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  • Staci Sweet

The Good Man Syndrome

At the end of one of Bishop Jakes’ sermons, Scandalous Grace, he said that he wanted to pray for Bathsheba. That’s because during his teaching he discussed her scandalous relationship and how he wished he could pray for her to do as David did which was to wash her face and get on with her life after the death of the son she’d conceived during their affair. But it was in that moment that I began to see her differently.


So many times, when we hear about their entanglement, we tend to focus on David’s unfaithfulness and lust for a beautiful woman while at the same time only seeing Bathsheba as the victim. As if she had no choice but to be with the king. But their affair wasn’t forced because if it was, we would then have to accuse David of rape. And clearly, we know that’s not the case which means Bathsheba wasn’t as innocent as we’d previously presumed.



Bathsheba was a married woman so I can understand that when the king summoned her to his palace that she assumed it was about business. What I can’t understand is that when the kings advances were perfectly clear and she knew that it wasn’t about business but that she’d been summoned to be on the kings business, I can’t understand why she stayed. The other thing I don’t understand is how, as a married woman, she had consensual sex on the first date. But maybe there’s nothing to understand. Maybe Bathsheba actually liked the king. I say that only because after their entanglement, she went home and said nothing. She kept her affair secret. If it were a one-time thing, she would have confessed her indiscretion, but she didn’t which again leads me to believe that this was no accident. But what do I mean by that?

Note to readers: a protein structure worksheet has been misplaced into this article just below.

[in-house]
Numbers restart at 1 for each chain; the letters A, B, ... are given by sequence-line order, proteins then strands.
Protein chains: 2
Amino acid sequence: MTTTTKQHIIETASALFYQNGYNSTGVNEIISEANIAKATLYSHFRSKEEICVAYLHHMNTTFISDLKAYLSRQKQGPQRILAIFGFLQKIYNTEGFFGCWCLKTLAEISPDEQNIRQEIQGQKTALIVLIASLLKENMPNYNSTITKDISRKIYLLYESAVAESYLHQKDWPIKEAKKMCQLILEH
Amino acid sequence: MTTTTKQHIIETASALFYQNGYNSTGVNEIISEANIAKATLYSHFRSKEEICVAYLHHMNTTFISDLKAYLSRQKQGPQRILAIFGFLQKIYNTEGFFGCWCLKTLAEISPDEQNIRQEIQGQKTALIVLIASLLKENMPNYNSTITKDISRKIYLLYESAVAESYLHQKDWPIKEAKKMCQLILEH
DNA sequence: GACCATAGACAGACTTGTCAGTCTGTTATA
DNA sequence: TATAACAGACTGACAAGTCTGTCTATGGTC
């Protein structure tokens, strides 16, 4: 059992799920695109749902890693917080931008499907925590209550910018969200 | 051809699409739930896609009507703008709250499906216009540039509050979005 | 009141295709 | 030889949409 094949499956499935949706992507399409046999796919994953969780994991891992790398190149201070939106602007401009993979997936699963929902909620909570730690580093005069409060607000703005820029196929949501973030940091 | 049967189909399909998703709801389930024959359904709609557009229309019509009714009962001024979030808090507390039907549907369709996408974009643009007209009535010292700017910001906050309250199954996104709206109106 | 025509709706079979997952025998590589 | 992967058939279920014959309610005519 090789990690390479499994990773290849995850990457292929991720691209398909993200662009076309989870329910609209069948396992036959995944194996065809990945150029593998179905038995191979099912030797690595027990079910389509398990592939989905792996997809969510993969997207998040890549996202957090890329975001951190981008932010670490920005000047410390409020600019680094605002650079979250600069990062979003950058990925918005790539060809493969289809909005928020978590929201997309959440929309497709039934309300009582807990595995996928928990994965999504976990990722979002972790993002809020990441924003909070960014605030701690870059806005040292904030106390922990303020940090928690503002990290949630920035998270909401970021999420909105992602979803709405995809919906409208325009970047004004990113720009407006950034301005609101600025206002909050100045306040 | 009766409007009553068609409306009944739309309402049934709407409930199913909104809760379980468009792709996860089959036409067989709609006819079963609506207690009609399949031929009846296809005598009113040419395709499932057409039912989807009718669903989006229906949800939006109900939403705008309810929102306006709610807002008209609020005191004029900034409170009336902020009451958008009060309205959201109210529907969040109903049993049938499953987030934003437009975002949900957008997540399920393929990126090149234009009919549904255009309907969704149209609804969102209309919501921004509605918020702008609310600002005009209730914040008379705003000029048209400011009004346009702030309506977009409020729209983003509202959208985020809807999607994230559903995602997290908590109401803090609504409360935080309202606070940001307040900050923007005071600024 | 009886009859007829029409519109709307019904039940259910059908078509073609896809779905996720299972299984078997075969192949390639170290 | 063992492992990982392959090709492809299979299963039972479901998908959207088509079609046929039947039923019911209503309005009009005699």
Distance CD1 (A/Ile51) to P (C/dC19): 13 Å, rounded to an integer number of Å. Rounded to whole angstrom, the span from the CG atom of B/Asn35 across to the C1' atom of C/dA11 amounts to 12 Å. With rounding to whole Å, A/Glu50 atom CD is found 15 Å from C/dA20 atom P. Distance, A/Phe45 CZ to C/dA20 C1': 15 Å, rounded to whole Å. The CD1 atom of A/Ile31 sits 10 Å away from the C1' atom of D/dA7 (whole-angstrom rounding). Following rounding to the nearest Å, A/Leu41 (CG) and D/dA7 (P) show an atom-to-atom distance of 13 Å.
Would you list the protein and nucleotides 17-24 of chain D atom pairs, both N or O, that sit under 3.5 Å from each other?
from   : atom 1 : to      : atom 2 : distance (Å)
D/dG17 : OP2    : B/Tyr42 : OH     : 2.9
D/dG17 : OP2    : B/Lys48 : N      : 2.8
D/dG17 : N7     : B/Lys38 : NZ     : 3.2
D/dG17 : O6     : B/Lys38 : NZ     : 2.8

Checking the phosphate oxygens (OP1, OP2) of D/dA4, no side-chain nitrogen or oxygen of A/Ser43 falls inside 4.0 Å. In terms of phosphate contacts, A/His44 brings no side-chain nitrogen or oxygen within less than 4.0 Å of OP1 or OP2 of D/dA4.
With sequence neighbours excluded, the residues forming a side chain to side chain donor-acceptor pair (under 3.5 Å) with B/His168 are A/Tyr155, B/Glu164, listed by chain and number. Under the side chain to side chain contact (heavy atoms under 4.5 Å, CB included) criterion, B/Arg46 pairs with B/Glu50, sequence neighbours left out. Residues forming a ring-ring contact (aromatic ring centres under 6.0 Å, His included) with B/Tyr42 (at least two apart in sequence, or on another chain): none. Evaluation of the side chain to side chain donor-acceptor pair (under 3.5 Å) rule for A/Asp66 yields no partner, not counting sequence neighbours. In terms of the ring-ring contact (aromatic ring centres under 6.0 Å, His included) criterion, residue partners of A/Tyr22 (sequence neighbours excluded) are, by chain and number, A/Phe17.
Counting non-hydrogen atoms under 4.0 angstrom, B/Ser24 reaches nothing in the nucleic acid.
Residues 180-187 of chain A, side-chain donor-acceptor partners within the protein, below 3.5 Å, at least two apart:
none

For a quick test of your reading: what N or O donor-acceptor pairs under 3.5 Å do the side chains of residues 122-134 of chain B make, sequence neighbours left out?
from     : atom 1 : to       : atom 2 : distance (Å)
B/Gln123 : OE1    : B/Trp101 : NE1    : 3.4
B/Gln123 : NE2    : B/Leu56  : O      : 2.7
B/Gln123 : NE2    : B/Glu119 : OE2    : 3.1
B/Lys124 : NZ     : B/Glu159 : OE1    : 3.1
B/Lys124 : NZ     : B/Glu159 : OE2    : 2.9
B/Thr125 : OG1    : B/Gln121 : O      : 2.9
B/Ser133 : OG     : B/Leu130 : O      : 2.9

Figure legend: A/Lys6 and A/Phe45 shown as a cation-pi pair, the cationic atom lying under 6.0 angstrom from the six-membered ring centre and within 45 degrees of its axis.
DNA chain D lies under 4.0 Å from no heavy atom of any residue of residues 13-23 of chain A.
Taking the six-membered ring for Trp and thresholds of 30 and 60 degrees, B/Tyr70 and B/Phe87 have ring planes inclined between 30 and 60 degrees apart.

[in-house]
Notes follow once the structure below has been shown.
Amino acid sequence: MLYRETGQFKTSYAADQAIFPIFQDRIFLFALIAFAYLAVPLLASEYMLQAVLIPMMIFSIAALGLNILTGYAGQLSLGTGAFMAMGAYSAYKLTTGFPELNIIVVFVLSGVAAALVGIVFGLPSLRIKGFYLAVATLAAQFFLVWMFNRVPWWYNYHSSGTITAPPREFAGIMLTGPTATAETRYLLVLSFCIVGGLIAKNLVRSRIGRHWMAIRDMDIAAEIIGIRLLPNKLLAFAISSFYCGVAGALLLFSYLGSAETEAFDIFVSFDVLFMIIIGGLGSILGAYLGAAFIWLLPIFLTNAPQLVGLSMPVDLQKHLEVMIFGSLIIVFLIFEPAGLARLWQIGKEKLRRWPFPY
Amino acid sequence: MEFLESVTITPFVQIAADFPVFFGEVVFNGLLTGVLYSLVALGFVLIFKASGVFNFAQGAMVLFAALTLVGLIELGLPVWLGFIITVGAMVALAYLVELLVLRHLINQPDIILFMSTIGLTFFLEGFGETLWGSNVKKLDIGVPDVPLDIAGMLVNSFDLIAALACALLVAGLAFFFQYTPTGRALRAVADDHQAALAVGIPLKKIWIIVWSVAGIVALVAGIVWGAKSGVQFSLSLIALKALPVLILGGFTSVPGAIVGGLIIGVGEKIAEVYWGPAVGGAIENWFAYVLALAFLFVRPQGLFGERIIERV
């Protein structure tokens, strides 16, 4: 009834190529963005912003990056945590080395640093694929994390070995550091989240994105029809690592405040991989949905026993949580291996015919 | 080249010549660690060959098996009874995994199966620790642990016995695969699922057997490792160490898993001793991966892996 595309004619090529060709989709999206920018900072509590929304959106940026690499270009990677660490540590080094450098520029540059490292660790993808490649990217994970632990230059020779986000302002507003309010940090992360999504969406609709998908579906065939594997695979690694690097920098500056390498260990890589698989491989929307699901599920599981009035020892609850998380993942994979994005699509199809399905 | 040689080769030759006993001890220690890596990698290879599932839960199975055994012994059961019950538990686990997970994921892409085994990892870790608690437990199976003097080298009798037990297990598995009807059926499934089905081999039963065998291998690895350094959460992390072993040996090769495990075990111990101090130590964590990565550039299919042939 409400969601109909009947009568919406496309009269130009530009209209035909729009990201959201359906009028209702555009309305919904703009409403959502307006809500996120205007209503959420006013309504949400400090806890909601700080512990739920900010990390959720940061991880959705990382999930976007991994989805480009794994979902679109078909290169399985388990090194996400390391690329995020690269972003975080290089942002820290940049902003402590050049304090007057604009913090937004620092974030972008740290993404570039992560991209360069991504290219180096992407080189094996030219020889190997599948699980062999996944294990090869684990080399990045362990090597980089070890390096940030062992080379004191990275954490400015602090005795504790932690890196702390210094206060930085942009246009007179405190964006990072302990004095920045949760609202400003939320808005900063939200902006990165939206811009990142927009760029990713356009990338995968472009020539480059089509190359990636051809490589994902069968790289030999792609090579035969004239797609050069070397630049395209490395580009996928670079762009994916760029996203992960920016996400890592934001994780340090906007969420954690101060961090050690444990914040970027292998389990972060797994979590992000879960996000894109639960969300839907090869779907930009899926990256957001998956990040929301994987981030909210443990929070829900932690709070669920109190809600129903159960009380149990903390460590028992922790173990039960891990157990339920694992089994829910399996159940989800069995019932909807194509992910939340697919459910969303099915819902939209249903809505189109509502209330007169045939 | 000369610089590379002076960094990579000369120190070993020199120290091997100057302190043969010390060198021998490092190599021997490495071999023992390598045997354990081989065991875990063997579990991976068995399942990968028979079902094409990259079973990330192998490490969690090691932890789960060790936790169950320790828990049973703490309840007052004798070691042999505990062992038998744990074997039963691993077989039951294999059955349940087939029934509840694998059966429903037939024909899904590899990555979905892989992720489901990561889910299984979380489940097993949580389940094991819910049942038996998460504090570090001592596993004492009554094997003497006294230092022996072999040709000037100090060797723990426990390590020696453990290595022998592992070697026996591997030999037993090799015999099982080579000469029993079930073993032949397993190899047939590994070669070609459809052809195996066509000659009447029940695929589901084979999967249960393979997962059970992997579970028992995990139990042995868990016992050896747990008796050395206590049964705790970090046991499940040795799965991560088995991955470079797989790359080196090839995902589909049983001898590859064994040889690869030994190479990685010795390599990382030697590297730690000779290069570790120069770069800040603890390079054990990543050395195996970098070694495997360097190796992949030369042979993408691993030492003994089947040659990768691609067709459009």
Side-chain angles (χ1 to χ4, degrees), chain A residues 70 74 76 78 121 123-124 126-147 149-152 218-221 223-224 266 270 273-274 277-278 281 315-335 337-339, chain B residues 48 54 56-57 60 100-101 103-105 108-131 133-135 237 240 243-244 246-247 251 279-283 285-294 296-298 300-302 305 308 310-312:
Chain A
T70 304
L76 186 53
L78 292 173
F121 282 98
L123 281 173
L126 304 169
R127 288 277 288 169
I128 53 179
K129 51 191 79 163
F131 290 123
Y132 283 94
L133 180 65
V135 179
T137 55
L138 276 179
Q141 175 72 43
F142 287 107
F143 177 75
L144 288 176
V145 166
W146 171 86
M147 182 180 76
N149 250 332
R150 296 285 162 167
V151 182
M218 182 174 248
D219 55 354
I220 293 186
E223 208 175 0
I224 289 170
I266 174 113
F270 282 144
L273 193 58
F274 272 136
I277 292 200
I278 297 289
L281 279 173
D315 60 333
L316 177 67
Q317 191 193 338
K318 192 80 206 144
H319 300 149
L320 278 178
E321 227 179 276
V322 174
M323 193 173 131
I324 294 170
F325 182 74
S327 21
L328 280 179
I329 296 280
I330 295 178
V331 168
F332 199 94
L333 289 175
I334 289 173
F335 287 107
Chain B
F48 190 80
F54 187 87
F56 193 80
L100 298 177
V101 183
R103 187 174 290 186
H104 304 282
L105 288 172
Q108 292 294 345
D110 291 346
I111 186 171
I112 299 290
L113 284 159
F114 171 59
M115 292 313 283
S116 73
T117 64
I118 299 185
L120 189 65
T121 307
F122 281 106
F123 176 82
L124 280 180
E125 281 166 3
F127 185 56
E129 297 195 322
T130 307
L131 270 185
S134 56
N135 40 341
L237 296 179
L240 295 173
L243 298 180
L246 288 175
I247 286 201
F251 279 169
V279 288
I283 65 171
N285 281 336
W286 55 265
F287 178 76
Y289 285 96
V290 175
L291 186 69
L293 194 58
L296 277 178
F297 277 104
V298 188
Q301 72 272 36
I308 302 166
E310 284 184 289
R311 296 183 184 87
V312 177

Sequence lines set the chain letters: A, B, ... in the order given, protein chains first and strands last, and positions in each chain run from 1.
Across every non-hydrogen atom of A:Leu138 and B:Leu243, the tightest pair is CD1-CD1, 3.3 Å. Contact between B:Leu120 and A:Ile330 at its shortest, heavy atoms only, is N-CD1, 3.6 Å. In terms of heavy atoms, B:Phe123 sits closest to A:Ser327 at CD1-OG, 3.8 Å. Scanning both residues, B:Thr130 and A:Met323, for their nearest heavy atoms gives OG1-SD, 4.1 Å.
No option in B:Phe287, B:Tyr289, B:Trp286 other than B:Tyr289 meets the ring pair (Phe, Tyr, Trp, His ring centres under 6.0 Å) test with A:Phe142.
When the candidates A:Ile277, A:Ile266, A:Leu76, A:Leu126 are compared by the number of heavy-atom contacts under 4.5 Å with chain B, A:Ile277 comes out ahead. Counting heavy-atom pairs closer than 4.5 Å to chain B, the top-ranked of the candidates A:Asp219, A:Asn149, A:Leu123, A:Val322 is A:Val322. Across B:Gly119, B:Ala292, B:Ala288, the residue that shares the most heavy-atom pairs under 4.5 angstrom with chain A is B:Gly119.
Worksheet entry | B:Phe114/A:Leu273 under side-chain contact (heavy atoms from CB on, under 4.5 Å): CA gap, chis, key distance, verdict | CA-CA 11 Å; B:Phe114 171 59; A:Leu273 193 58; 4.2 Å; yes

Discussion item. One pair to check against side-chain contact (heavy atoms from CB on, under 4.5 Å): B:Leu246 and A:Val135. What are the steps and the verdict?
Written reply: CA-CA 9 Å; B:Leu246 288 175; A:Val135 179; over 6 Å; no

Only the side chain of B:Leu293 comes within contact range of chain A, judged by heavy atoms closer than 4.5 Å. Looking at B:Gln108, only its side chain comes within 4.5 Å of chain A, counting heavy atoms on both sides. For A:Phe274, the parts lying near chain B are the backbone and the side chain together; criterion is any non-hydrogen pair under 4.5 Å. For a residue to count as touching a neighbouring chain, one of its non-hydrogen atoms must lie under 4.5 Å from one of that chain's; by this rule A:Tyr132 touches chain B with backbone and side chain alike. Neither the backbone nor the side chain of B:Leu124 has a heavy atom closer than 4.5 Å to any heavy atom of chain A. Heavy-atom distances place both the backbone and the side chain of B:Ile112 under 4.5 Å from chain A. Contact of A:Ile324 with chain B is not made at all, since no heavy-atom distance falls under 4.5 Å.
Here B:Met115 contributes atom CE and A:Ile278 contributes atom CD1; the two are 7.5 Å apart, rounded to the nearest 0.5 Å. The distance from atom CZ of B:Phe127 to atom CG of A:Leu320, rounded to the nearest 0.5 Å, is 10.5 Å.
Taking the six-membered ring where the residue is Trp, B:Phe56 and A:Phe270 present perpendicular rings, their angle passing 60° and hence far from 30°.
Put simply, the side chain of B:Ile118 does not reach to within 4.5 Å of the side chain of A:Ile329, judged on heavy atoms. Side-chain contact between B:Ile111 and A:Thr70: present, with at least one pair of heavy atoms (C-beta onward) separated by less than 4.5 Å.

Her tryst wasn’t something that just happened. She’d been thinking about unfaithfulness for a long time. She just didn’t happen to have consensual sex with David. It was something she’d been thinking about. Not necessarily saying that she thought about having an affair with the king, but she’d been entertaining adulterous thoughts for quite some time. So much so, that a situation was created – by the enemy – for her to act on it. And here’s where it gets worse.


She only had those thoughts because she had a good man. Bathsheba struggled with what I call ‘the good man syndrome.’ Good man syndrome is when a woman mistreats, disrespects, and/or has an affair on a good man because she’s never been misused and/or physically, verbally, emotionally, sexually, or financially abused by a bad man. I don’t know about you, but I’ve had my fair share of bad men in my life that if a good one were to come along, I’d know how to treat him. Uriah was a good man, but he wasn’t as powerful, influential, or as wealthy as David. And though he was a soldier and lived off a soldier’s salary, he made a decent living. He must have done well for himself because he and Bathsheba lived a stone’s throw away from the king’s palace. How else would David have seen her sunbathing on her patio. Therefore, the two probably lived in a gated community. But yet and still Bathsheba was unfaithful.


But not only was Uriah a good, hardworking man but he was a faithful one on top of that. How do I know? Because when David commanded him to go home and be with his wife, he ‘slept at the door of the king’s house with all the servants of his lord, and did not go down to his house.’ When asked why he didn’t return home to Bathsheba, he said, “The ark and Israel and Judah are dwelling in tents, and my lord Joab and the servants of my lord are encamped in the open fields. Shall I then go to my house to eat and drink, and to lie with my wife?” (2 Samuel 11:8-11) Thus proving his faithfulness but not only in service but that had to be reflected in his marriage. But that’s not all.